A little while back, I was leafing the pages of former Australian Rules footballer and coach, Neil Daniher’s book When All is Said and Done. It’s about Daniher’s response to his battle with motor neurone disease.
I was struck by Daniher’s discussion about what he described as the temptation to play the victim when the going gets tough.
He speaks about the tendency to blame others. How we can feel justified in wallowing in our own persecution. What really got my attention were his comments about the effects of falling into victimhood.
Daniher said it was devastating for our own wellbeing – and for others.
As good reads do, this got me thinking.
“Devastating” That’s a pretty strong word to use. But when I began to think about my own experiences of acting a victim, and working with people who’ve done likewise, I realised he was spot on.
When playing the victim we often act helpless. In tough situations we want to be rescued. If someone does, we tend to be super grateful. Trouble is I’ve never learned anything when this has happened. I haven’t seen great gains in others either.
All we achieve is adding work to someone else. Maybe we’ve reinforced their rescuing behaviour.
I tend to whine when playing the victim. I’ve done a bit of it during lockdown.
You realise you’re not nice to be around when you hear others trying to change the topic, or respectfully ignoring you.
It’s draining being around people who play the victim.
It’s also hard to know how to deal with a person stuck in this place.
“Their behaviour is so painful. I feel like telling them to snap out of it, but I don’t want to hurt their feelings” is a thought pattern I know to be familiar.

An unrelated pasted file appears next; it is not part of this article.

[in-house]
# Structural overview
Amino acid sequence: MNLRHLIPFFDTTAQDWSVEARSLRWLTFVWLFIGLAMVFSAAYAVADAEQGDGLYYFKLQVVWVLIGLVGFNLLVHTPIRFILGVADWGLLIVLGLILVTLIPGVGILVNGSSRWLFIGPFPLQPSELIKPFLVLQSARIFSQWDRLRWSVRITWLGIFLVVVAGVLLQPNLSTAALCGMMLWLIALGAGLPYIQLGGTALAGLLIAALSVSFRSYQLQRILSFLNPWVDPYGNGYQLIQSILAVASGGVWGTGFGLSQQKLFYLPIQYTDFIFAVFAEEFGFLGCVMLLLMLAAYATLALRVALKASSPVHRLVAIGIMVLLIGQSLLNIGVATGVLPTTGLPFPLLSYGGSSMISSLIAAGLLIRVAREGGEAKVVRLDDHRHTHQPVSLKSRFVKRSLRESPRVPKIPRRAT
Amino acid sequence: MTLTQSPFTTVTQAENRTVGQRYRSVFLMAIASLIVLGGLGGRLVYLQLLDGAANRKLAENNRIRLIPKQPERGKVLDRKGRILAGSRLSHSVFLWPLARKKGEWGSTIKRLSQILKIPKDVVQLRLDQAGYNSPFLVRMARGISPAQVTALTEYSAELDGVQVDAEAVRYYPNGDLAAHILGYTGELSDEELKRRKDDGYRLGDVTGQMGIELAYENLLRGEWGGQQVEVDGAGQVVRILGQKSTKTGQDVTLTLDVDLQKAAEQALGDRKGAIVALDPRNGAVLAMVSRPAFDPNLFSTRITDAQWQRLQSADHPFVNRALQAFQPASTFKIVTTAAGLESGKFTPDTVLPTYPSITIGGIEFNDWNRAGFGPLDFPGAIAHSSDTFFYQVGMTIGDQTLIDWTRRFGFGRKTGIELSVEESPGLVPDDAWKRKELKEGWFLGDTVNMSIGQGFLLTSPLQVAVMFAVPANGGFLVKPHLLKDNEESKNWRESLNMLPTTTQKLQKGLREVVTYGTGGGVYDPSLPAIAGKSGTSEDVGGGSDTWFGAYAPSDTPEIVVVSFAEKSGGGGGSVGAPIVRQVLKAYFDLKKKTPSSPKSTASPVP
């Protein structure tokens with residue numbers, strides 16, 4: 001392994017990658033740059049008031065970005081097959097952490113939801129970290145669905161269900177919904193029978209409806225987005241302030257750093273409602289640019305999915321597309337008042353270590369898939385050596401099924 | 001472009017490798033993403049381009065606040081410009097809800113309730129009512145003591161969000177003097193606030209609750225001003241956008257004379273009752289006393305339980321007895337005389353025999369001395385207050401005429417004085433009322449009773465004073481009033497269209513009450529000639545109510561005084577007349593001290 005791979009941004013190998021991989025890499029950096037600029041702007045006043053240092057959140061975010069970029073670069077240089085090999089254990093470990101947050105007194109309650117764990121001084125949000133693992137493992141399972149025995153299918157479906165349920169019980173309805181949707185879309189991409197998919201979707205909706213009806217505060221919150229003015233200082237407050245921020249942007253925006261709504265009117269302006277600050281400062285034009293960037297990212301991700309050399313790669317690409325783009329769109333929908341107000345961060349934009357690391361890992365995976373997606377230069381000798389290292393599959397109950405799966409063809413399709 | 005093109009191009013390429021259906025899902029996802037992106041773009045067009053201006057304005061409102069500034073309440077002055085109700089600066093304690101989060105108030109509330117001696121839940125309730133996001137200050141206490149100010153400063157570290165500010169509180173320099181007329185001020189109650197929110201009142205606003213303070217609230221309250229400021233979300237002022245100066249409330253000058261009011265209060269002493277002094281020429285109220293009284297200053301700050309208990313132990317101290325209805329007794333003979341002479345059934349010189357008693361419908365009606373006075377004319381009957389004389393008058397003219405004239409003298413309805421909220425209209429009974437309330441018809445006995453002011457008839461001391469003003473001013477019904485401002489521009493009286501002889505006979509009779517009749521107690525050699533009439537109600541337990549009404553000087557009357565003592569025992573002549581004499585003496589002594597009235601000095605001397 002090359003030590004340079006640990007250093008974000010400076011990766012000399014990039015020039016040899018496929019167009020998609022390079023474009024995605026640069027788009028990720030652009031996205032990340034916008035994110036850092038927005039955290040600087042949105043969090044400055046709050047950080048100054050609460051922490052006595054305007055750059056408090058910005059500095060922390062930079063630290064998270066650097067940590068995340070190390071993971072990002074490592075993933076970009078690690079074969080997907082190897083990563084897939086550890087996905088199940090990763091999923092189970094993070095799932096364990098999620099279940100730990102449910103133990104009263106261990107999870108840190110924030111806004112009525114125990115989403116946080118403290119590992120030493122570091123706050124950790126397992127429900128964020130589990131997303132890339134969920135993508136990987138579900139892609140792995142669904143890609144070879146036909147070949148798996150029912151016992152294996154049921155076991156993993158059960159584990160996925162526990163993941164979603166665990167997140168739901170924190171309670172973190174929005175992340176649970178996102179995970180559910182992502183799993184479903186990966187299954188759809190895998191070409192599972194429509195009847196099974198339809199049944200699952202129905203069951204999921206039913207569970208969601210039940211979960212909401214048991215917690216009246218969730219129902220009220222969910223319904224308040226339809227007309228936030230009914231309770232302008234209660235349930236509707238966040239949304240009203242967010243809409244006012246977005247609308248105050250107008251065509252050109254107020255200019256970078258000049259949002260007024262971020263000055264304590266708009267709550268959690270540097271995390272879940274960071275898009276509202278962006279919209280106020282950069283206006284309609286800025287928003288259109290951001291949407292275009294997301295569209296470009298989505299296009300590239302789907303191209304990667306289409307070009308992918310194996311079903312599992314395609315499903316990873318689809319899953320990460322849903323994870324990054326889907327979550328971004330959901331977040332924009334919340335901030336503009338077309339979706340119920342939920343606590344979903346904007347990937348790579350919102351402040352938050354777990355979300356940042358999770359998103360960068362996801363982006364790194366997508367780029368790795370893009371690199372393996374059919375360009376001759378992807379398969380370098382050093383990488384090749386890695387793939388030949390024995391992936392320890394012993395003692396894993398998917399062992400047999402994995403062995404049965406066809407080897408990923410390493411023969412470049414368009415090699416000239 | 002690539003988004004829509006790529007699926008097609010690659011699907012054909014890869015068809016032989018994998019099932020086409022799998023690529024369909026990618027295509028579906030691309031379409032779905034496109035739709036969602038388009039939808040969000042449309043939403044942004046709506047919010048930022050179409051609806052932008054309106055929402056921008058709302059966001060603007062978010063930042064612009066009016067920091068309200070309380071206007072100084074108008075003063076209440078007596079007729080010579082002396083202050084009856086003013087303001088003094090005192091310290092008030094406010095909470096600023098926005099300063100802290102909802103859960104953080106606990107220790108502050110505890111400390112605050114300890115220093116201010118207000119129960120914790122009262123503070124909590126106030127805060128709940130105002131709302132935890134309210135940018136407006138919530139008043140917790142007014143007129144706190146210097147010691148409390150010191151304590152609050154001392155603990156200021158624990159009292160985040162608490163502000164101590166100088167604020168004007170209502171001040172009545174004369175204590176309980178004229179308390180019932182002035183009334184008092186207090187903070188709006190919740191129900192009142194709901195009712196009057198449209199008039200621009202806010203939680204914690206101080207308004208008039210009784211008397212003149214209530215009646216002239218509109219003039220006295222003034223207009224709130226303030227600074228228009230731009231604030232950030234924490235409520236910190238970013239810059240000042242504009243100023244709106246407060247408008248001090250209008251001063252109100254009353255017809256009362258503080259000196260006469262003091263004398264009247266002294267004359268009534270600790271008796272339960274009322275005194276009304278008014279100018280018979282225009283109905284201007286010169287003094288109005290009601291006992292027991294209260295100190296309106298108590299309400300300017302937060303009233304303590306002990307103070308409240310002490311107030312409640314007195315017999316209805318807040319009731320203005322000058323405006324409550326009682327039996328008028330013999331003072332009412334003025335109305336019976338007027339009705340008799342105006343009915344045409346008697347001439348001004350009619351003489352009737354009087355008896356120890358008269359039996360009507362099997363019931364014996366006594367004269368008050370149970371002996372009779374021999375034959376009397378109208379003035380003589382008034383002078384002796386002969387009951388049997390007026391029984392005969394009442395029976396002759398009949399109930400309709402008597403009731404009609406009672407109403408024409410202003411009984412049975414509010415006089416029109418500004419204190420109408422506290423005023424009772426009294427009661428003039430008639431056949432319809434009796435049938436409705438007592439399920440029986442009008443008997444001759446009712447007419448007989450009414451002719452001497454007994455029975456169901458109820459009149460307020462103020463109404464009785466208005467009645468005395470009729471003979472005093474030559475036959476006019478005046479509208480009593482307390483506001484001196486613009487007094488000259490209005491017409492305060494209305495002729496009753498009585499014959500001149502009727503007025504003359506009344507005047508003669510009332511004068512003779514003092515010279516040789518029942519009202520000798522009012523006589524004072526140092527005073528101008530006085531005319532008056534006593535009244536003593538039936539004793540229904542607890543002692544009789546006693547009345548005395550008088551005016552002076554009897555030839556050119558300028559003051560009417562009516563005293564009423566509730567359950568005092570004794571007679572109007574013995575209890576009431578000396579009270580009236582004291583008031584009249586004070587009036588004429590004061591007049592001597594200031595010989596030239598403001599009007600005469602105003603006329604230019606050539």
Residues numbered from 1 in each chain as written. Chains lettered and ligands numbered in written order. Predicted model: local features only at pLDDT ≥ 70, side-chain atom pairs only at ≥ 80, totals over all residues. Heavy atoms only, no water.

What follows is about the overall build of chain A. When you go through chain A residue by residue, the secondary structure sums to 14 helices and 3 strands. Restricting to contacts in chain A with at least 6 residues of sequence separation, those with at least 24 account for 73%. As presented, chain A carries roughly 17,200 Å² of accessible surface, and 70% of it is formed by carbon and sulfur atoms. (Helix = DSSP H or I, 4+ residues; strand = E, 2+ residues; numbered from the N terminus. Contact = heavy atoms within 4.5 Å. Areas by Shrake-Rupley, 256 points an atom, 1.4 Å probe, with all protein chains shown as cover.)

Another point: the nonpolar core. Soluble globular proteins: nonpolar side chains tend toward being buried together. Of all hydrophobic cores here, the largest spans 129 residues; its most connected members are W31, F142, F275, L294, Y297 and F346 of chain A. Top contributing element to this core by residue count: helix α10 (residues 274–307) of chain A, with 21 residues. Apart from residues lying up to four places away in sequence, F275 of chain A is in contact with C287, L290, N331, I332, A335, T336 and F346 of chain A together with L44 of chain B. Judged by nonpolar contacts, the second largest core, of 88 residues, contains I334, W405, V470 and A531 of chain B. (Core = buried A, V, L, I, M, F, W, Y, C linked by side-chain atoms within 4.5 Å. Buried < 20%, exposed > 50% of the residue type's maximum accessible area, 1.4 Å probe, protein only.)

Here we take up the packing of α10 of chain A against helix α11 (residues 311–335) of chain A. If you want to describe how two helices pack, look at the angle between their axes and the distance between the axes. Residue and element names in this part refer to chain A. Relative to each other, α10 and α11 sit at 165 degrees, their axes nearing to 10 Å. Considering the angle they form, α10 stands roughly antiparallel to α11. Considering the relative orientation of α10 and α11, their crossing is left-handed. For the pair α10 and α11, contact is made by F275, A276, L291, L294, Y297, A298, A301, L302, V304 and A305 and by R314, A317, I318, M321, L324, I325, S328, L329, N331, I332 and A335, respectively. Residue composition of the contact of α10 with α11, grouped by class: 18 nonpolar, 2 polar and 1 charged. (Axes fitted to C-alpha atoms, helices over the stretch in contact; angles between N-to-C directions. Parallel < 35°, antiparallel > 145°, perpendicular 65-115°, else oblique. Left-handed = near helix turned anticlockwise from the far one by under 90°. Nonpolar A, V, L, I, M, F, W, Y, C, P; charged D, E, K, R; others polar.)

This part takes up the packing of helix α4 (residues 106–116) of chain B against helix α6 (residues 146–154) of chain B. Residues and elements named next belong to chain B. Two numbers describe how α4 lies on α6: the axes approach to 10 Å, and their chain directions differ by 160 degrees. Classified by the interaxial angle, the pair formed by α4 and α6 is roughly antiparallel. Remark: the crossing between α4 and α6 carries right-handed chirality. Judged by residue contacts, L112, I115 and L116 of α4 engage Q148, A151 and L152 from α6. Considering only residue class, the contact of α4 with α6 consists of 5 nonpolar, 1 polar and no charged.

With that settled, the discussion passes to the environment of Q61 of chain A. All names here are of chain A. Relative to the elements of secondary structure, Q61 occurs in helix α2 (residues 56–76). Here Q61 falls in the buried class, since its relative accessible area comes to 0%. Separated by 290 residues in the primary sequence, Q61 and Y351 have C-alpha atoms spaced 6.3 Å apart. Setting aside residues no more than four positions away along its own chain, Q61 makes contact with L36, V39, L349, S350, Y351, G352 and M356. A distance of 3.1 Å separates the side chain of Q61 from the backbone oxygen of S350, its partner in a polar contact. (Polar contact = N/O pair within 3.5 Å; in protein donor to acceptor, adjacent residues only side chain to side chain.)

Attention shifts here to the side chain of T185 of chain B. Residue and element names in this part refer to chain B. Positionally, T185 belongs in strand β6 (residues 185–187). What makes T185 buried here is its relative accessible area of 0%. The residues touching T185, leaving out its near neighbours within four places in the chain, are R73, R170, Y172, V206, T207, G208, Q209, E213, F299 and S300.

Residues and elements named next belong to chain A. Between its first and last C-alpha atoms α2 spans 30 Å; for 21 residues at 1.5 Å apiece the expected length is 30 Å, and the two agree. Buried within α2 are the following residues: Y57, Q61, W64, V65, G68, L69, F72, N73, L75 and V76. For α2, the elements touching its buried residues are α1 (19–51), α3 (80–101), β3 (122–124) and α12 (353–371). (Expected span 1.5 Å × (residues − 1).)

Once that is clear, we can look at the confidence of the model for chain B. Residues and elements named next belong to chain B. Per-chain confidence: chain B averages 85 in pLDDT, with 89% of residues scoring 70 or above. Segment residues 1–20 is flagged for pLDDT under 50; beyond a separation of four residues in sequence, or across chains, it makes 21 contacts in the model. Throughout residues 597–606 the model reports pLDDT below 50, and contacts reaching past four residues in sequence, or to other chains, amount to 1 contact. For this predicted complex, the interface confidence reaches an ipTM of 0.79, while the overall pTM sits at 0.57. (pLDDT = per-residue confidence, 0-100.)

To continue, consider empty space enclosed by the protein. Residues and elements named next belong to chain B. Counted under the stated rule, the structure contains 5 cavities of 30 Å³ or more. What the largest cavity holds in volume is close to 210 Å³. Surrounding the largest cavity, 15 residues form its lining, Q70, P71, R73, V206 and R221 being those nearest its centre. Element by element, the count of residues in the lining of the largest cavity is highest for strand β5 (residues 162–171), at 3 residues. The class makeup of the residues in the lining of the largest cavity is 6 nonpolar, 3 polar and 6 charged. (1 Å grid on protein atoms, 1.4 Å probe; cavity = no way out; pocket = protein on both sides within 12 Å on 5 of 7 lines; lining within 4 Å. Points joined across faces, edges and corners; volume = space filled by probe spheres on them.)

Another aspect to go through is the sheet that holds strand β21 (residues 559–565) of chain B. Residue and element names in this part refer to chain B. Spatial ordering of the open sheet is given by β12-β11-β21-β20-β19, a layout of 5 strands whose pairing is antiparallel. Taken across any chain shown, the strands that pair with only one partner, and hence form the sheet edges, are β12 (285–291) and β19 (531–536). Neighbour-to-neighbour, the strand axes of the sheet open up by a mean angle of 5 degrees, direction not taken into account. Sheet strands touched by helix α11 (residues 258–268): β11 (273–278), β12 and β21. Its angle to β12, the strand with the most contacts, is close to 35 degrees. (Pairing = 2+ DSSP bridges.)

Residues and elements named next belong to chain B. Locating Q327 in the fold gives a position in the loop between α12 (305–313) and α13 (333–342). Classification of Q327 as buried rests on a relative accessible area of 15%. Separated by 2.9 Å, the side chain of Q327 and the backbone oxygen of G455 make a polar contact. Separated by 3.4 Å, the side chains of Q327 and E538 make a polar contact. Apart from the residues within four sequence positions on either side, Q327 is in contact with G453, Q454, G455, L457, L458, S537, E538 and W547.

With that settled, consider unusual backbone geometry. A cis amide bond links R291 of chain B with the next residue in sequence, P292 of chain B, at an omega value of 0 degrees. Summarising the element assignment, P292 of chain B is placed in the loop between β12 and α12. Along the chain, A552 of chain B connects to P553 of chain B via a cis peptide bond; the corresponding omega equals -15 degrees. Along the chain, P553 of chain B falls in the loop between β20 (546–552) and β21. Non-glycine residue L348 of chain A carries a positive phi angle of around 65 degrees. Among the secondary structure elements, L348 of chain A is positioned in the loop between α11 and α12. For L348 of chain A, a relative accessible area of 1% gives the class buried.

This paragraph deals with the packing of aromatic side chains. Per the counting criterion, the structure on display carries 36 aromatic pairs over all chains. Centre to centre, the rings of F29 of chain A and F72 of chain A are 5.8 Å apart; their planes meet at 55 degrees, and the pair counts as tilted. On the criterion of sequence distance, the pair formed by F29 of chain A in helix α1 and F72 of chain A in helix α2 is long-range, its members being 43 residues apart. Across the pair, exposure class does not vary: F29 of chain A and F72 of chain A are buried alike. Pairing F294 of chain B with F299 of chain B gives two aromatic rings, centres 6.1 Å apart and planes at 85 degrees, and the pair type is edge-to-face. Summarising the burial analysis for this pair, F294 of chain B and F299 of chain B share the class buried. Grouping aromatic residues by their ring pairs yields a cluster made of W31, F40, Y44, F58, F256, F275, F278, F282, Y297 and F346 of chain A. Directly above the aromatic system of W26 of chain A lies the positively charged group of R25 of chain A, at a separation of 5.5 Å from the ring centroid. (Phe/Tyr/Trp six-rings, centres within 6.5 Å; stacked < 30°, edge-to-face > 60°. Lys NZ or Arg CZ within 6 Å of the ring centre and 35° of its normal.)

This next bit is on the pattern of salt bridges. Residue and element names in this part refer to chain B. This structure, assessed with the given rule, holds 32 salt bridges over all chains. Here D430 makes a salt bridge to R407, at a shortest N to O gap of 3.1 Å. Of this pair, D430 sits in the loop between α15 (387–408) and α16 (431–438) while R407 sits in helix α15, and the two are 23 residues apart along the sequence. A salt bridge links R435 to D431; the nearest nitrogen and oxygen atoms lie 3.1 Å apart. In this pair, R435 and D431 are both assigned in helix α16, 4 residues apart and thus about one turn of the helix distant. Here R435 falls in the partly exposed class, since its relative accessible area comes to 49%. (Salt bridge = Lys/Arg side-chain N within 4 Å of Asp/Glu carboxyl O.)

A solution? Time to throw another spanner in to help the works.
It’s not as hard as many think to break this cycle of helplessness.
A key is to support the person to shift from their emotions to their thoughts. And the shifter to throw in the works as a first step, is called: ‘What does better look like?’
It’s a versatile spanner. It could easily be called a few other names. Maybe the: ‘What might the ideal look like?’ spanner. Possibly the ‘If things were perfect, what would be different?’ model.
Whichever one you choose, the impact of jamming the cogs of victimhood is the same.
The question forces a person to stop wallowing. To start thinking.
To think about what if things were just a bit better. What would look different? What might they or others be doing that they’re not doing now?
When using this spanner it’s crucial to follow the instructions.
Don’t throw it in anger. It’s not a “Shut the $@*& up” and hurl sequence.
Instead, it’s a “How can I help this person out of their rut” and throw, approach.
Victimhood is devastating.
As leaders, colleagues, friends and loved ones, we need to do our bit to reduce the devastation.
Throwing the ‘What does better look like?’ spanner is a great first step.
Next time I’ll chat about an important companion spanner. It’s designed to help people take action on their thinking…about better.